Travelling in Costume — at Christmas!

This blog, as you will notice from the header, is supposed to be about writing and travel. That’s been challenging over the last few years due to Covid restrictions. Especially in Australia, some parts particularly, we’ve been very limited in travel, or even leaving the house. It’s been very isolating.

Choir rehearsal by Zoom, during the beginning of lockdown in June 2021.
The background is from our travels in Greece in 2018.

I’ve been busy writing, I published two group anthologies while Sydney was in lockdown from late June 2021 to early October 2021, when there was ‘early release’ for those who have been double-vaccinated. I’m not going to discuss the rights and wrongs of the government directives. It just is, and merely sets the scene for what now follows.

I love to sing. I especially love close harmony, but that becomes increasingly challenging when ‘close’ conflicts with the need for social distance. I belong to two choirs which each give me something different, musically. One sings modern arrangements in a barbershop style while the other performs music from past centuries in multiple languages.

I’ve written earlier about my links with historical clothing. When we went into the latest, longest lockdown in Sydney, it was just after my attendance at Blacktown Medieval Fayre. I felt dissatisfied with my attempt at costume and resolved to do more. I wrote about this in Down the Rabbit Hole. https://wordpress.com/post/helenjarmstrong.home.blog/1529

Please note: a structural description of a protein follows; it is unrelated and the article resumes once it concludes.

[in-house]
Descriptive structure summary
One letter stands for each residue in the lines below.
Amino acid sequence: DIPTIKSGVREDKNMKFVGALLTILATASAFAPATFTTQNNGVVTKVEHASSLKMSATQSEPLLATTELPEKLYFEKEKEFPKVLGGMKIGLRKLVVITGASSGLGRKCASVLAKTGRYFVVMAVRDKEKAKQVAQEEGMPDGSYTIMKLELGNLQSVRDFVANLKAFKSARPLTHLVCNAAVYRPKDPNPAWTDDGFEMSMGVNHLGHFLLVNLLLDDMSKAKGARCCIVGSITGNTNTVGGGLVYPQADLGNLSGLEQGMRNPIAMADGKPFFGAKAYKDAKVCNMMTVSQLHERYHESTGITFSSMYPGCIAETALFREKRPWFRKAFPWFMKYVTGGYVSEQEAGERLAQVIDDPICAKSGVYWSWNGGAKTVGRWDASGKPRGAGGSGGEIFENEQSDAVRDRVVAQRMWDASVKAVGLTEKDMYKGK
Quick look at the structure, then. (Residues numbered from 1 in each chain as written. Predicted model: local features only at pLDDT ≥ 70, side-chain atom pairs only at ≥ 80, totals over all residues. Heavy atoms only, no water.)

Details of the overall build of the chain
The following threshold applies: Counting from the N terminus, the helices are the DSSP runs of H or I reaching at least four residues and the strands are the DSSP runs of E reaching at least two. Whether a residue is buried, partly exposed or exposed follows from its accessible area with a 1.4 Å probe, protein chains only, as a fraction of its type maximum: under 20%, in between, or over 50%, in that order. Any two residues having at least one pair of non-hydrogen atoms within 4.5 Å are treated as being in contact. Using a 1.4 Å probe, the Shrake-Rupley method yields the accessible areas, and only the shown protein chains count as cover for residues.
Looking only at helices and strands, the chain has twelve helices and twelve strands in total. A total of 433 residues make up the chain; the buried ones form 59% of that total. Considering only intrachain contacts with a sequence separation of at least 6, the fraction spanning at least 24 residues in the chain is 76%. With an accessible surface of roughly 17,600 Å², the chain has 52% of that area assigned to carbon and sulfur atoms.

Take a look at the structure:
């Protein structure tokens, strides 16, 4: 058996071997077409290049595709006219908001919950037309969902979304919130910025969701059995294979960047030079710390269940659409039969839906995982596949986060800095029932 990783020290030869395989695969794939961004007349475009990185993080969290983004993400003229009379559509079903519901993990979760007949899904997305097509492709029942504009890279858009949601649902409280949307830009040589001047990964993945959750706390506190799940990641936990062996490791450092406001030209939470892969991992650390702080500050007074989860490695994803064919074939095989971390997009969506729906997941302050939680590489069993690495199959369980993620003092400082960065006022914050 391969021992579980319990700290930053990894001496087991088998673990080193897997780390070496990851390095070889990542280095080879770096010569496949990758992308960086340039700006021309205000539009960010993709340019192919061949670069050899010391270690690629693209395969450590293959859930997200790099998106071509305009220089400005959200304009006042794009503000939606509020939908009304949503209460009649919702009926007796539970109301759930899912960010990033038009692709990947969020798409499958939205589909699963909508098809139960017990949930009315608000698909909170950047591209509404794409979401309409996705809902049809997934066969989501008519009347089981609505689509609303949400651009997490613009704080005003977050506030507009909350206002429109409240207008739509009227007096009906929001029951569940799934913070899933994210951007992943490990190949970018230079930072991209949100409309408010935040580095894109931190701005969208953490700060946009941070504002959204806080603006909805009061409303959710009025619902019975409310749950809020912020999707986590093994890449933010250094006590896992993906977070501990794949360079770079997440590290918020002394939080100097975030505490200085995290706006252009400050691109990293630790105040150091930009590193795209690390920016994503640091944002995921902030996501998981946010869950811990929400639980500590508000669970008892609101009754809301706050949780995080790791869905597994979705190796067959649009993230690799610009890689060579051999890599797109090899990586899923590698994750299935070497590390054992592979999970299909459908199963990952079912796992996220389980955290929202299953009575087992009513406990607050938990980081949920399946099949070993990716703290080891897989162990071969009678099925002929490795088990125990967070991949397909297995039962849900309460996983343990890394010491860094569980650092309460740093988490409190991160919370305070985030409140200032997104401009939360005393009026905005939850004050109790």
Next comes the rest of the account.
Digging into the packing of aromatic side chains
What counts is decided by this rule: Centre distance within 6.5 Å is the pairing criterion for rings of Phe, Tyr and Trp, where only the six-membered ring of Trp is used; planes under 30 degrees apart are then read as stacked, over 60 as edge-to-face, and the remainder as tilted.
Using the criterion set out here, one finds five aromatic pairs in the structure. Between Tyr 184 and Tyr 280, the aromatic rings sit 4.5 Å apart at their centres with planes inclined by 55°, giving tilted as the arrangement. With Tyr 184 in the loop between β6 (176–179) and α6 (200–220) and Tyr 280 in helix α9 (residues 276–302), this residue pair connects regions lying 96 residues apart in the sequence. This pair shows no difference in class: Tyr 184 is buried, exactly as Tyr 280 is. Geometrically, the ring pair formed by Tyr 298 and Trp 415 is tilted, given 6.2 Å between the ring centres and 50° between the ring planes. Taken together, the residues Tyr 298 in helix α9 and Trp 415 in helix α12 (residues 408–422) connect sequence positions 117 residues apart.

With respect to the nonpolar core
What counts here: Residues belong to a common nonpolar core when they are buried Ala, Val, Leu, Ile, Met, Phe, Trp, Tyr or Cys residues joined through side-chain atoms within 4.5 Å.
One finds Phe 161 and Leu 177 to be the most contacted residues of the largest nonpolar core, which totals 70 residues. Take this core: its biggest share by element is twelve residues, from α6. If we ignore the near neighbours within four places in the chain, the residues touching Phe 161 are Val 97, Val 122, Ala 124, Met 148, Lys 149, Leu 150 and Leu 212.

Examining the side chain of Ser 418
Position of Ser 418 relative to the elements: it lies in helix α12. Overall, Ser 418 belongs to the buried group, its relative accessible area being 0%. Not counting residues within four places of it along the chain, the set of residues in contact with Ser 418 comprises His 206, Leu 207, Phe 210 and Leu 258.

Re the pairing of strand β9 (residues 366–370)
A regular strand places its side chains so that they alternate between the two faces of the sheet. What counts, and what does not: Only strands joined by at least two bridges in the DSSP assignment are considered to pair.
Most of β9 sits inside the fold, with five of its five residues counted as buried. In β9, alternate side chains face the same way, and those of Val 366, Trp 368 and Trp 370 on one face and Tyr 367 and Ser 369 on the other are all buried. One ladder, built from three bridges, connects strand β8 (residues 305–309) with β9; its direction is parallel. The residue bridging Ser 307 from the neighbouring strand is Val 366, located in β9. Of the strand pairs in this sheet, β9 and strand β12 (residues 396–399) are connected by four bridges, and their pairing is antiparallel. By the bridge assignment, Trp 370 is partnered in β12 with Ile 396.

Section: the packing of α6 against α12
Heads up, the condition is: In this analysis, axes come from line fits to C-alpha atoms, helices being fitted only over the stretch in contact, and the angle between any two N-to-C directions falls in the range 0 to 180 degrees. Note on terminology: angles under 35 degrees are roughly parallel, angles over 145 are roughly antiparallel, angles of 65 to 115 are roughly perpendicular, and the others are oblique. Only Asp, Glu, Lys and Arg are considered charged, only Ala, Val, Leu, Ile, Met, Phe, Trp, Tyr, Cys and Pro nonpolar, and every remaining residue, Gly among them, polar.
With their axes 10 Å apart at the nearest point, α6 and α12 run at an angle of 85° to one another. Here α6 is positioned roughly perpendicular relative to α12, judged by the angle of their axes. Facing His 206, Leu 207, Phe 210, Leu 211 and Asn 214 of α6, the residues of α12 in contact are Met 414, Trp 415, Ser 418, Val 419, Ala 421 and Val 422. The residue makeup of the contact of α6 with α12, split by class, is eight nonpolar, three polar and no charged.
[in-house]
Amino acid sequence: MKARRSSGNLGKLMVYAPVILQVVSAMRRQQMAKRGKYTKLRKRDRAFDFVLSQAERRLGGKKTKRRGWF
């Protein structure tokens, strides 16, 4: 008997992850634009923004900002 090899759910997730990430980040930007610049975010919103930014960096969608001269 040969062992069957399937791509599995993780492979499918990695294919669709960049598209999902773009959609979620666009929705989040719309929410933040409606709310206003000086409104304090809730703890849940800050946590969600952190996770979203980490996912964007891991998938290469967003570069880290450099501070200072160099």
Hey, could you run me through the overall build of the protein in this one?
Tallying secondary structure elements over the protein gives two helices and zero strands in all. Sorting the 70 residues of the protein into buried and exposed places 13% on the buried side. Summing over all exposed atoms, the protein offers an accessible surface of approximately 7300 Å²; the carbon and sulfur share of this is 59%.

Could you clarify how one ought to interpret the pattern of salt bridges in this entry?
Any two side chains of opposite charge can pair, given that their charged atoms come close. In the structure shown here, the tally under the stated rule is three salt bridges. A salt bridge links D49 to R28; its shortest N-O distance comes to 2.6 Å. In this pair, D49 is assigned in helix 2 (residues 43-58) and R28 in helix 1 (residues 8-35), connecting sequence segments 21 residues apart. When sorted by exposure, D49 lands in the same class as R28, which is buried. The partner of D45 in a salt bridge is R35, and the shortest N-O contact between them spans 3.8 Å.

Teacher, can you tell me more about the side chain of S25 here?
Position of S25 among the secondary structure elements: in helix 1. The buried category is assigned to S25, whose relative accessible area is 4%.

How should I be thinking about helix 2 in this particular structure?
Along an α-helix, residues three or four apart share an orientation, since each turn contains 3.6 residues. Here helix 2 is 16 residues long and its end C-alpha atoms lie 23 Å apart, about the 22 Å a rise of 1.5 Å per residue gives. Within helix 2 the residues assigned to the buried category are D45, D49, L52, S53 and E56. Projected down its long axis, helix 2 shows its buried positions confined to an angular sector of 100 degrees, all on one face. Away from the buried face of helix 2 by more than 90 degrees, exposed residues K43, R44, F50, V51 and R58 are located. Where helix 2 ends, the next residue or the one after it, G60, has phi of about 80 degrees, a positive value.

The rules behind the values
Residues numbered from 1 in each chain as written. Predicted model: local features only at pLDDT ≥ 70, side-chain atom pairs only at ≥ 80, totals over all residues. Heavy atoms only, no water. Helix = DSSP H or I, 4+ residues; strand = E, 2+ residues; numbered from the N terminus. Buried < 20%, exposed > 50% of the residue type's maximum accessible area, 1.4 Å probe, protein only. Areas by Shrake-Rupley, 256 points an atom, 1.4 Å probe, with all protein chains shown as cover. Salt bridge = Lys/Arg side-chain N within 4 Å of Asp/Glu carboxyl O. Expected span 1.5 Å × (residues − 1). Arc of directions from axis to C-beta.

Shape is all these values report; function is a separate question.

First I repaired the medieval clothing of other family members who are regular historical reenactors. That gave me the confidence to try more.

Dressing/road-testing the new kirtle, about to go for a short walk in the neighbourhood.
St Birgitte coif. The band is sewn from an old, torn chambray shirt.
The coif, being worn. It hides a multitude of hair-colouring sins.

During the early part of the lockdown, I hand-sewed a 13th century kirtle (think, Maid Marian). Then I think I went a bit crazy. I had some old, worn fitted sheets with ‘dead’ elastic. I spread them out on the lawn in a desperate attempt to keep involved with life and hopefully say hi to any passing jogger. Cutting out fabric, I hand-sewed several chemises, learning more in the process. A coif or two as well, using an old torn shirt and a ripped sheet. I found myself binge-watching historical videos and clothing history sewing videos while I stitched. As I adapted the discarded fabric in my life, I channelled my inner Scarlett o’Hara (remember those green velvet curtains at Tara?). One way or another, as God was my witness, I would never be costume-less again.

Ready to cut.

As we began to come out of lockdown, our Renaissance choir (ROH Ensemble) was able to rehearse once more (under very strict conditions). I showed photos of what I had been making, and sat at rehearsal finishing the hand-stitching on another St Birgitte coif.

“Would you make me a ruff?” one male chorister asked.

I thought about it. That would be stretching my skills. “I’ll have to find out more,” I told him.

More binge-watching. The information was frustratingly scarce. The process seemed frustratingly tedious and painstaking. The more I studied, the more I realised that ruffs, while worn by ‘ordinary folk’, were very much a status symbol because of the effort (and therefore expense) involved in their making.